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Compendium of Entertaining Knowledge.


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[In allufion to our prefent political Situation, it is hoped the emblematic Engraving given this Month, and reprefenting BRITANNIA, defended by WISDOM and VALÓR, from the faults of her COMBINED ENEMIES,' will prove acceptable to the Admirers of this Publication.].


T is at prefent out of our reach to give a circumftantial or correct biographical sketch of this young lady; the is however, generally understood to be a daughter of Mr. Holman's, well known to all our readers for his great profeffional abilities and as one of the acting managers of the theatre of this metropolis, the chief ftage monarch, having become a fashionable abfentee. The fair debutante, we are informed, in point of education, manners, and accomplishments, ftands high in the opinion of her friends, and has been for fome time back under the theat cal tutelage of her father and mrs. Edwin. How far the has benefited by their joint efforts, the public will Speedily be enabled to judge, as we learn the is fhortly to appear in fome ether characters. Mifs Holman, on her first entre for her father's benefit, on Monday, February 22, did not feem to exhibit over much of that diffidence experienced by perfons fimilarly fituated, and went through the part of Adeline in Fontainville Foreft, with the applaufe generally bestowed by an indulgent audience, upon any young candidate for ftage honours.

Mis Holman appears to be about 18, poffeffes a neat figure-and certainly did on her first and fecond night attract crouded houfes-public expectation and curiofity having been raifed on this occafion to the higheft February, 1808.

pitch-how far anfwered those who were present, can best describe.

The portrait annexed, was taken at the theatre, for that purpose. by an eminent artift, who attended

The Dublin Theatre.

IT might have been naturally expected, that during the time of mr. Young's engagement, (who has been the only object that has drawn any thing like an audience to the theatre) our deputy manager would have prepared fome novelties to attract the town, when that actor left the company.-But no-we were prefented on Monday, Feb. 15, with the Honey-moon-on Tuesday with the Chances-and the only performance during the whole week that can lay the leaf claim to novely was the Dramatiti, in which Melvin performed Vapid. Hence the benches became empty-the treafury exhausted-and the public and the performers alike diffatisfied.

This is generally the cafe, when the management of any concern is entrufted to others, the proprietor himfelt becoming an abfentee. Mr. F. Jones, or Fee Faw Fum, efq.-or by whatever appellation we are to diftinguith this our Crow-ftreet monarch-certainly does not evince any overflowing of gratitude to the Irish public. Their bounty has repaired his ruined fortunes, by the encourage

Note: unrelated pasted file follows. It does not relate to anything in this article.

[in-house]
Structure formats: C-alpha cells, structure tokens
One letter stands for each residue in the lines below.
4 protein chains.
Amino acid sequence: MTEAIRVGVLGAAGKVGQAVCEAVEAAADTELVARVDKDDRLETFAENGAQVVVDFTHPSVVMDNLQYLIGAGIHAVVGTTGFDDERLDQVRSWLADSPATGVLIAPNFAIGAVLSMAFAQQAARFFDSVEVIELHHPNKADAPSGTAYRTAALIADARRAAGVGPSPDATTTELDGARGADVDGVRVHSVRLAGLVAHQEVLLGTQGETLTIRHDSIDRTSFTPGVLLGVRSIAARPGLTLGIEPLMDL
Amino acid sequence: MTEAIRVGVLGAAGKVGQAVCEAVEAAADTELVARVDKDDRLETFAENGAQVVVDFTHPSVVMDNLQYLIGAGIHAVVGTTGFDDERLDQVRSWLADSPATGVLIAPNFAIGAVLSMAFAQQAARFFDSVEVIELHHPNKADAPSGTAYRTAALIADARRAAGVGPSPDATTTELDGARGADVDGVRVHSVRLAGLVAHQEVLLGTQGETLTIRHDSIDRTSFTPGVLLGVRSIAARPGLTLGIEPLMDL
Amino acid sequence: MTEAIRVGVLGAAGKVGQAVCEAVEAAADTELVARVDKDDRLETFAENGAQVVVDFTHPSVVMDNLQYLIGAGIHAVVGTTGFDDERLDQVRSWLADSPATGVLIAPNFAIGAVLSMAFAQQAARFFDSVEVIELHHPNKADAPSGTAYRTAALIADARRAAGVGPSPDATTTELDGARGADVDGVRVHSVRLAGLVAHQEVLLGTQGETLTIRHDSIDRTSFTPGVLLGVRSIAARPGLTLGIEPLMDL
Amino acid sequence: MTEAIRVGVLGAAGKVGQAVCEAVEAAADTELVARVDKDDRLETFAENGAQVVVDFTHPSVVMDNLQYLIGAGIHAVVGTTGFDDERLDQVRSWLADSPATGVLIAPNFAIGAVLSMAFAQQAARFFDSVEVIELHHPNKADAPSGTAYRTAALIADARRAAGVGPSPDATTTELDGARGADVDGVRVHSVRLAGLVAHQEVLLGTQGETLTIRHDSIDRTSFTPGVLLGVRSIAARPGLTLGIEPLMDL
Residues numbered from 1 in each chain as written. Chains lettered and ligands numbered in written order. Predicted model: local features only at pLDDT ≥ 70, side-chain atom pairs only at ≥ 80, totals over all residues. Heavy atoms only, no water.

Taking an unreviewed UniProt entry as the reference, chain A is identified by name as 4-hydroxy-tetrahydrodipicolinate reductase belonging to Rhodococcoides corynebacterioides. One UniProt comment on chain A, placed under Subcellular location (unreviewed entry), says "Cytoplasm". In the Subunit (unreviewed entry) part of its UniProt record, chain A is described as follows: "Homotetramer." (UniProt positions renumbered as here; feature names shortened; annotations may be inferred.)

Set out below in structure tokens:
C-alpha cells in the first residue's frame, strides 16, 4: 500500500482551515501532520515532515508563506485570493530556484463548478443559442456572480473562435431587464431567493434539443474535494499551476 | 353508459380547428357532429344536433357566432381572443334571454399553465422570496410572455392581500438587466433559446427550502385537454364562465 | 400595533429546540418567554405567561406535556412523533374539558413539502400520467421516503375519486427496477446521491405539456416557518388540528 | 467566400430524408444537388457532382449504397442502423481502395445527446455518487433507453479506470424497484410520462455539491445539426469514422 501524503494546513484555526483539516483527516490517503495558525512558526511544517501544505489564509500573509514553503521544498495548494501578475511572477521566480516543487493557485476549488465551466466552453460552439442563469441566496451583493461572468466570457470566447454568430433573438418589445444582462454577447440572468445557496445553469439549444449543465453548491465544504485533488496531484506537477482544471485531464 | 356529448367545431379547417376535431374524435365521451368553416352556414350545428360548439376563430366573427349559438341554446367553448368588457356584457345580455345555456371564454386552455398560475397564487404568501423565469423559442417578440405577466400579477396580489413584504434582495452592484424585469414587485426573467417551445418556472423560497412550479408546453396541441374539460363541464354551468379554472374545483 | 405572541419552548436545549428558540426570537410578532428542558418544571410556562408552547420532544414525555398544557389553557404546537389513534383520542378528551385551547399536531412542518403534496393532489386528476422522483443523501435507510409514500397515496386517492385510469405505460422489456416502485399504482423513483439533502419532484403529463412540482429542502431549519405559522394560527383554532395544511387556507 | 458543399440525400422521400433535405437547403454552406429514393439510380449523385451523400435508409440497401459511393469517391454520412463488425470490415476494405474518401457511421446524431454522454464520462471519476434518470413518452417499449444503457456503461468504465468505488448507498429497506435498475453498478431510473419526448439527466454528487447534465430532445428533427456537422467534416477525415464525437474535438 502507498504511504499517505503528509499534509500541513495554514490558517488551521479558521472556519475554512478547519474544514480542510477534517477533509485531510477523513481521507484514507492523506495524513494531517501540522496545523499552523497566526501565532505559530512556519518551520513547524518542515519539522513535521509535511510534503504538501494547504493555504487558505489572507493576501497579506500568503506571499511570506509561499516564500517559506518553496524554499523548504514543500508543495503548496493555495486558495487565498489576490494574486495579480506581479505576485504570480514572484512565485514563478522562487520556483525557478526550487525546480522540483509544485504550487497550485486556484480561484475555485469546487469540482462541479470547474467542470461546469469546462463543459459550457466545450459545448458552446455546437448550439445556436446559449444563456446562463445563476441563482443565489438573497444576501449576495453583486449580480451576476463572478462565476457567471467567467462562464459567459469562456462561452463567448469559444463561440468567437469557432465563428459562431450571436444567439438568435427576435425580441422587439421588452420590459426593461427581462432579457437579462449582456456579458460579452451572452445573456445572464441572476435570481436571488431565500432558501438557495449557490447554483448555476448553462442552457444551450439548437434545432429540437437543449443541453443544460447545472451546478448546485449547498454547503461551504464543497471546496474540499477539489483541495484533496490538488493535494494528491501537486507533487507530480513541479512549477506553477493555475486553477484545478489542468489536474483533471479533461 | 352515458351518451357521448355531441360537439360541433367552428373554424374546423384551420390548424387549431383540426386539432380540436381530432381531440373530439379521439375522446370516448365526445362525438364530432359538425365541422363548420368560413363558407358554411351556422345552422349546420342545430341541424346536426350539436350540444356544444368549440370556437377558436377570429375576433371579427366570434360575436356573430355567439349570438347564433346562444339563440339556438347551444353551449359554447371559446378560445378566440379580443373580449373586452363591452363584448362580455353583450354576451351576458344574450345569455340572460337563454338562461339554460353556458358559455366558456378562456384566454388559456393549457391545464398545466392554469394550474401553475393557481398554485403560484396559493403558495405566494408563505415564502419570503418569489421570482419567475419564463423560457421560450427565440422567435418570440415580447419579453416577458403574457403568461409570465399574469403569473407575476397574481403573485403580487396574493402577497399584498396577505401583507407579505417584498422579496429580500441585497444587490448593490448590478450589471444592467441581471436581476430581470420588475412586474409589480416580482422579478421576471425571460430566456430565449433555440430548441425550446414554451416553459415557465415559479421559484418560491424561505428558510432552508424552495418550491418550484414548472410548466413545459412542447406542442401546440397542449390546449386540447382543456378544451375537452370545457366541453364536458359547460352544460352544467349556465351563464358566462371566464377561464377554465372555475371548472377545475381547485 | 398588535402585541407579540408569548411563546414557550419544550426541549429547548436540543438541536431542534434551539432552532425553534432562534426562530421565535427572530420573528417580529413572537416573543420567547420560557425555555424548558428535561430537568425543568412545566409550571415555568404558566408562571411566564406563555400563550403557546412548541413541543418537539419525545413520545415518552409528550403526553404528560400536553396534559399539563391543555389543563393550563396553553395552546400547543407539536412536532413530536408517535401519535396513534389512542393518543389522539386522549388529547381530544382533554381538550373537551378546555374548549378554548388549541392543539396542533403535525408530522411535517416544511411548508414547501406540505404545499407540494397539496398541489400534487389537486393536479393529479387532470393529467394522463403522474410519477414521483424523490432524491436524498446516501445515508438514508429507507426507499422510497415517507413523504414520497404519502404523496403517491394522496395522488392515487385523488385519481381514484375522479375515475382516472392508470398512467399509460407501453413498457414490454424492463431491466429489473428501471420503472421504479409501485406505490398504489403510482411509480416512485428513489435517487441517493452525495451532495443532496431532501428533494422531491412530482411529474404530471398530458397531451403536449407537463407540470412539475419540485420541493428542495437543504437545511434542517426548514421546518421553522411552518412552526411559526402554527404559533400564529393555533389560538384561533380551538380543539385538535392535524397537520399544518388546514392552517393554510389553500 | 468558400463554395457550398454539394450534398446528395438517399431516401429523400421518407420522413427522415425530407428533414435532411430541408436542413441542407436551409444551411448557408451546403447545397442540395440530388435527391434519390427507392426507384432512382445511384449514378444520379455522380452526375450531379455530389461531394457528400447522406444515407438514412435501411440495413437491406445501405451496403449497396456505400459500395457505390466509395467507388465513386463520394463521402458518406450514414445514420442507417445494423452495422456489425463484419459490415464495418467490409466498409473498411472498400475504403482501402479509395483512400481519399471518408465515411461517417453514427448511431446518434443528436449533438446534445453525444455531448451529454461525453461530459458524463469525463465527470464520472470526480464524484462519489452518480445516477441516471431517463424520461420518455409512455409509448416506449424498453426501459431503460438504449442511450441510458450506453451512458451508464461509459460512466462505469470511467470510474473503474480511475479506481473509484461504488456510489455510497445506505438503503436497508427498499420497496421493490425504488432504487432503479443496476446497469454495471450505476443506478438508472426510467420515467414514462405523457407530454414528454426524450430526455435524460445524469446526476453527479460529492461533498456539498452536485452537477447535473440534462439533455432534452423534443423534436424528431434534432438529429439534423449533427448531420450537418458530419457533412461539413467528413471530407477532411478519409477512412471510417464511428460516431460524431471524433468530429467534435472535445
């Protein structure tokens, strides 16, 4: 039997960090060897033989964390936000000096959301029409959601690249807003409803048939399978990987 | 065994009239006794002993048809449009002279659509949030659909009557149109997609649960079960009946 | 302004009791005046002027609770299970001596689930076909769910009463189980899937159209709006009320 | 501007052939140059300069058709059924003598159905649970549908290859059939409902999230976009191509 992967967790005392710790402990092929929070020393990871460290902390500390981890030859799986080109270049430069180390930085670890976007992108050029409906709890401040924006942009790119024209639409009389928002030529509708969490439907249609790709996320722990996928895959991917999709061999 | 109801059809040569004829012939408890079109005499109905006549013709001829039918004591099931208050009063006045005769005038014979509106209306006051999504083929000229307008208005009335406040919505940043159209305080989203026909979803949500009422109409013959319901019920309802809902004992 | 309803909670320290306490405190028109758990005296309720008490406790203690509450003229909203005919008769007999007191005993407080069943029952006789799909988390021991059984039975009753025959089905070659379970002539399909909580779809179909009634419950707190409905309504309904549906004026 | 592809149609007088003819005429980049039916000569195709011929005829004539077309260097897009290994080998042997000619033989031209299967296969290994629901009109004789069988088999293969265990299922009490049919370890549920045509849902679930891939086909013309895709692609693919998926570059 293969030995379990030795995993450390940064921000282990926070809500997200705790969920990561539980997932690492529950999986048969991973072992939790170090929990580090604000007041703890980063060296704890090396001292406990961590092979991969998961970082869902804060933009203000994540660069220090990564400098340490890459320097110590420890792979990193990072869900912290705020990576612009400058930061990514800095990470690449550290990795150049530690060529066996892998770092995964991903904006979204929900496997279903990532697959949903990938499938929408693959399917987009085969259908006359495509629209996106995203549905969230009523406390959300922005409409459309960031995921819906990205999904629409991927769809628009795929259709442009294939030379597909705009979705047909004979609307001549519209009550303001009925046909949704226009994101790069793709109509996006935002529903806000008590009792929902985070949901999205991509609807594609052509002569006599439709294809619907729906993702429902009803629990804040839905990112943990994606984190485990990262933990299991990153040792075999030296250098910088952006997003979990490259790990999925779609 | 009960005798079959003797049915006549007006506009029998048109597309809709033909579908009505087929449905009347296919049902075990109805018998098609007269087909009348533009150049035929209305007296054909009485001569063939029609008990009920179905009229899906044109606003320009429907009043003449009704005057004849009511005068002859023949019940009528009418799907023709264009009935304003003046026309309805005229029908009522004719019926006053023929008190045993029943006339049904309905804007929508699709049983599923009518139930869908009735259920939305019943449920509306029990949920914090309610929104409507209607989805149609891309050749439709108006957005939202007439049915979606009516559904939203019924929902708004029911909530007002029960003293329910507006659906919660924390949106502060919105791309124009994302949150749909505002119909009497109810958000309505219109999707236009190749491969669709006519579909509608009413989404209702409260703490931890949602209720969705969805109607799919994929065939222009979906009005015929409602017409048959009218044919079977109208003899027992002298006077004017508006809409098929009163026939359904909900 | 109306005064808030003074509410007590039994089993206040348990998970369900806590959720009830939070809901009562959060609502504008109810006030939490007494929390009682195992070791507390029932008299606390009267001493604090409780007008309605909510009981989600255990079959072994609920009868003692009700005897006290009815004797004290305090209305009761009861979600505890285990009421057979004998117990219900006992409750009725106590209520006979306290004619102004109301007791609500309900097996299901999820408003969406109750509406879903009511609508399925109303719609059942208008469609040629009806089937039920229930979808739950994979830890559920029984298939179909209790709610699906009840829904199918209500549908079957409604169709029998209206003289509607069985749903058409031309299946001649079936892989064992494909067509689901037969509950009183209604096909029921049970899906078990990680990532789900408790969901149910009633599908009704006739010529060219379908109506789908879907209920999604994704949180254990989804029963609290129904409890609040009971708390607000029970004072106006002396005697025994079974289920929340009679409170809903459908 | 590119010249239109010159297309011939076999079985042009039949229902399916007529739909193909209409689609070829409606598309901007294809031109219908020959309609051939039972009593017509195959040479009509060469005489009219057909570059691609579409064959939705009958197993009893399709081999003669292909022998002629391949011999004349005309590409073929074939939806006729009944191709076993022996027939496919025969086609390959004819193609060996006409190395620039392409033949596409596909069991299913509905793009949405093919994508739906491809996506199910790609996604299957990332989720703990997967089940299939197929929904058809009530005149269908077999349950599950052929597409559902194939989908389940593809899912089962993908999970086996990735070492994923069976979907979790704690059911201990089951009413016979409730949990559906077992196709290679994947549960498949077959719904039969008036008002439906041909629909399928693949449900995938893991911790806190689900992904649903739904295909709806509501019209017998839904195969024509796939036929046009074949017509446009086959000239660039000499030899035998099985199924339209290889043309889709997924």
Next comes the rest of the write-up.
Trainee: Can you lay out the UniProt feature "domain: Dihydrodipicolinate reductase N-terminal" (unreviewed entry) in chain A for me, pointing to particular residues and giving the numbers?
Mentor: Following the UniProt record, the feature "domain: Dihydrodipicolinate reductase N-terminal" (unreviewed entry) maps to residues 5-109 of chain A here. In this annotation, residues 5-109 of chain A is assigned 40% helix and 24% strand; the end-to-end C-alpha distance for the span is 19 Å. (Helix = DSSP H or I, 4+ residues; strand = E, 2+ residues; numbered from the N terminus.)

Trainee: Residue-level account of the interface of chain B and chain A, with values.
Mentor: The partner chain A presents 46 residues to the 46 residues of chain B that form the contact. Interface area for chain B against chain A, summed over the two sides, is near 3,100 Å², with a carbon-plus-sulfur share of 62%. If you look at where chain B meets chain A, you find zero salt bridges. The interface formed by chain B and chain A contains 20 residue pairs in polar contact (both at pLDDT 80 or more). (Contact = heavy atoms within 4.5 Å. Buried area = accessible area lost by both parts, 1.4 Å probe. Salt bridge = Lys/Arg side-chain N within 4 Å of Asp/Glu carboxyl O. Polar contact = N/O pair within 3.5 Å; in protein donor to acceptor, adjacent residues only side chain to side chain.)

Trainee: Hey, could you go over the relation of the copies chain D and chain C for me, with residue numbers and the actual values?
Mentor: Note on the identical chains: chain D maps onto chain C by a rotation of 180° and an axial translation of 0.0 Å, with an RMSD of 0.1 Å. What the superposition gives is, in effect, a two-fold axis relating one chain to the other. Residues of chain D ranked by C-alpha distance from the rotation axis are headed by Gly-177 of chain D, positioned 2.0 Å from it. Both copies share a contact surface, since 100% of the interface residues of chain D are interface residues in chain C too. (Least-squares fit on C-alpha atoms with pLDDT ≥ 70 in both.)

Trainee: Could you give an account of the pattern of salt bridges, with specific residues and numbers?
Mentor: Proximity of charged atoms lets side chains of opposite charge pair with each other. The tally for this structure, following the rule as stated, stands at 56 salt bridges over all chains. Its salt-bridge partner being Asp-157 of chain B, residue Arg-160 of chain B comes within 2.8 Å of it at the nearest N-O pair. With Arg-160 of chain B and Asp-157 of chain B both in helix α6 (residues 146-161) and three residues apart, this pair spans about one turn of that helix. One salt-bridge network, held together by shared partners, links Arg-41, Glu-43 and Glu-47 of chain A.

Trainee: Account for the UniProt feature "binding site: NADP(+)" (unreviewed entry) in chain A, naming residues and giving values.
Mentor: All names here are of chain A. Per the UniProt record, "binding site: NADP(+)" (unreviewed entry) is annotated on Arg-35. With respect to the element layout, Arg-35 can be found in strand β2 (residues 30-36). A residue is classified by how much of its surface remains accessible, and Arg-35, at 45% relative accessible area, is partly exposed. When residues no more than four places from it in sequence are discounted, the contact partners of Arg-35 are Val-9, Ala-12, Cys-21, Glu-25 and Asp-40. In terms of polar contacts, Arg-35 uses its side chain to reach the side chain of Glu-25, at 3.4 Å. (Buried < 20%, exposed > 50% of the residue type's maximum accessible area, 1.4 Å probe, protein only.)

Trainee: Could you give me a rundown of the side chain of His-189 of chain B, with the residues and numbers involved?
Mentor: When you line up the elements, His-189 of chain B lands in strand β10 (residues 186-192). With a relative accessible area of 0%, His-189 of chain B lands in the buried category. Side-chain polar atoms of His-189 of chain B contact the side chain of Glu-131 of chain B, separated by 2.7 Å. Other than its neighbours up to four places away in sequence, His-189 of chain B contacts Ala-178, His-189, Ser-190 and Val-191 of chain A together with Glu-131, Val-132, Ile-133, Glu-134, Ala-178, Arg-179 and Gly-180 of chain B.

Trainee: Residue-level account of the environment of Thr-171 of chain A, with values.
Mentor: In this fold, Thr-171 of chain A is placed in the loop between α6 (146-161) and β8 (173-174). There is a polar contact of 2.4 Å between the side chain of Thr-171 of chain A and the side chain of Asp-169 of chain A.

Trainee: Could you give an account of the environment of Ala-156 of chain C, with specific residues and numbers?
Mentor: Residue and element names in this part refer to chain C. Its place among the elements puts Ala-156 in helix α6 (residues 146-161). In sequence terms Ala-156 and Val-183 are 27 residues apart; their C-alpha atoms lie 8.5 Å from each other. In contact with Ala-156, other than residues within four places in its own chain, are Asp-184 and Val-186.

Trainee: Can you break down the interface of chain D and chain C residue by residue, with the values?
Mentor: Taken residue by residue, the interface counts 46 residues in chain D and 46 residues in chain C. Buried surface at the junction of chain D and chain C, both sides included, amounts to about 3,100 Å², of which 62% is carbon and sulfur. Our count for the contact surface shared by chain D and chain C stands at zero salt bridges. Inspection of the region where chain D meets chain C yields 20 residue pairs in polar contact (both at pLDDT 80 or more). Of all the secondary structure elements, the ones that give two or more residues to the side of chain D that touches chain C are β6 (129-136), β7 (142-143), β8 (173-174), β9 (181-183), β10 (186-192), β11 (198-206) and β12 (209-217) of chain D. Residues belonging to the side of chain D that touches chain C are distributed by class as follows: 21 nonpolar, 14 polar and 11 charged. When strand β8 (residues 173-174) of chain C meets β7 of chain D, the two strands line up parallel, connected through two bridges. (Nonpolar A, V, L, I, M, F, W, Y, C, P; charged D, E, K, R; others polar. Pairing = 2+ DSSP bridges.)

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ment given to his theatre-flies over to England and there fpends the haft guinea which he can fqueeze from the treasurer on this file the water! Can we wonder if the indignant fpitit of the Inf, refeat this treat ment? Can we wonder if they defert his theatre -Is it at all furpriz ing that the Irish public thould refent the inful and make him feel (where he is most affected) in his puife, the punishment due to him, who draws money from the generofity of one country, and lavishes it in another. Feeling the dreadful effects arifing from the almoft deferted state of the theatre, during the first part of the feafon-and thoroughly mortified at the unprecedented fuccefs of the Pe. ter-street company, mr. Jones has bad recourse to almoft every expedient but the right to recruit the finances of his theatre, In the middle of the feafon he has produced (what is termed in the green-room phrafeology) a fiar.' Mr. Young has drawn him a few good, and fome tolerable houfes. But we had much rather fee the regular firength of our company renewed, than thefe fudden de bilitating ftimulants applied. To change the metaphor- Birds of paffage, fays the author of the Epiftles,

are generally birds of prey.'-Be it remembered that mrs. Siddons took with her 3000l. out of the ifland in one feafon.

But what is the regular ftrength (we had, nearly faid the weakness) of the company y? If Falftaff was accufed of unlading the gibbets, and preffing the dead bodies,' may we not fay that Frederick has emptied the barns and half depopulated the fpouting clubs-Such a band of mountain feare-ciows !!!'-But we forbear-nor fhall we particularize, Here they are-and dicy muft eat!

Of the whole week's performance Melvin's was the most entitled to commendation. The houfes (particularly on Friday evening) have been

fo dreadfully thin, that the cold rendered it almoft impoffible to fit out the performance.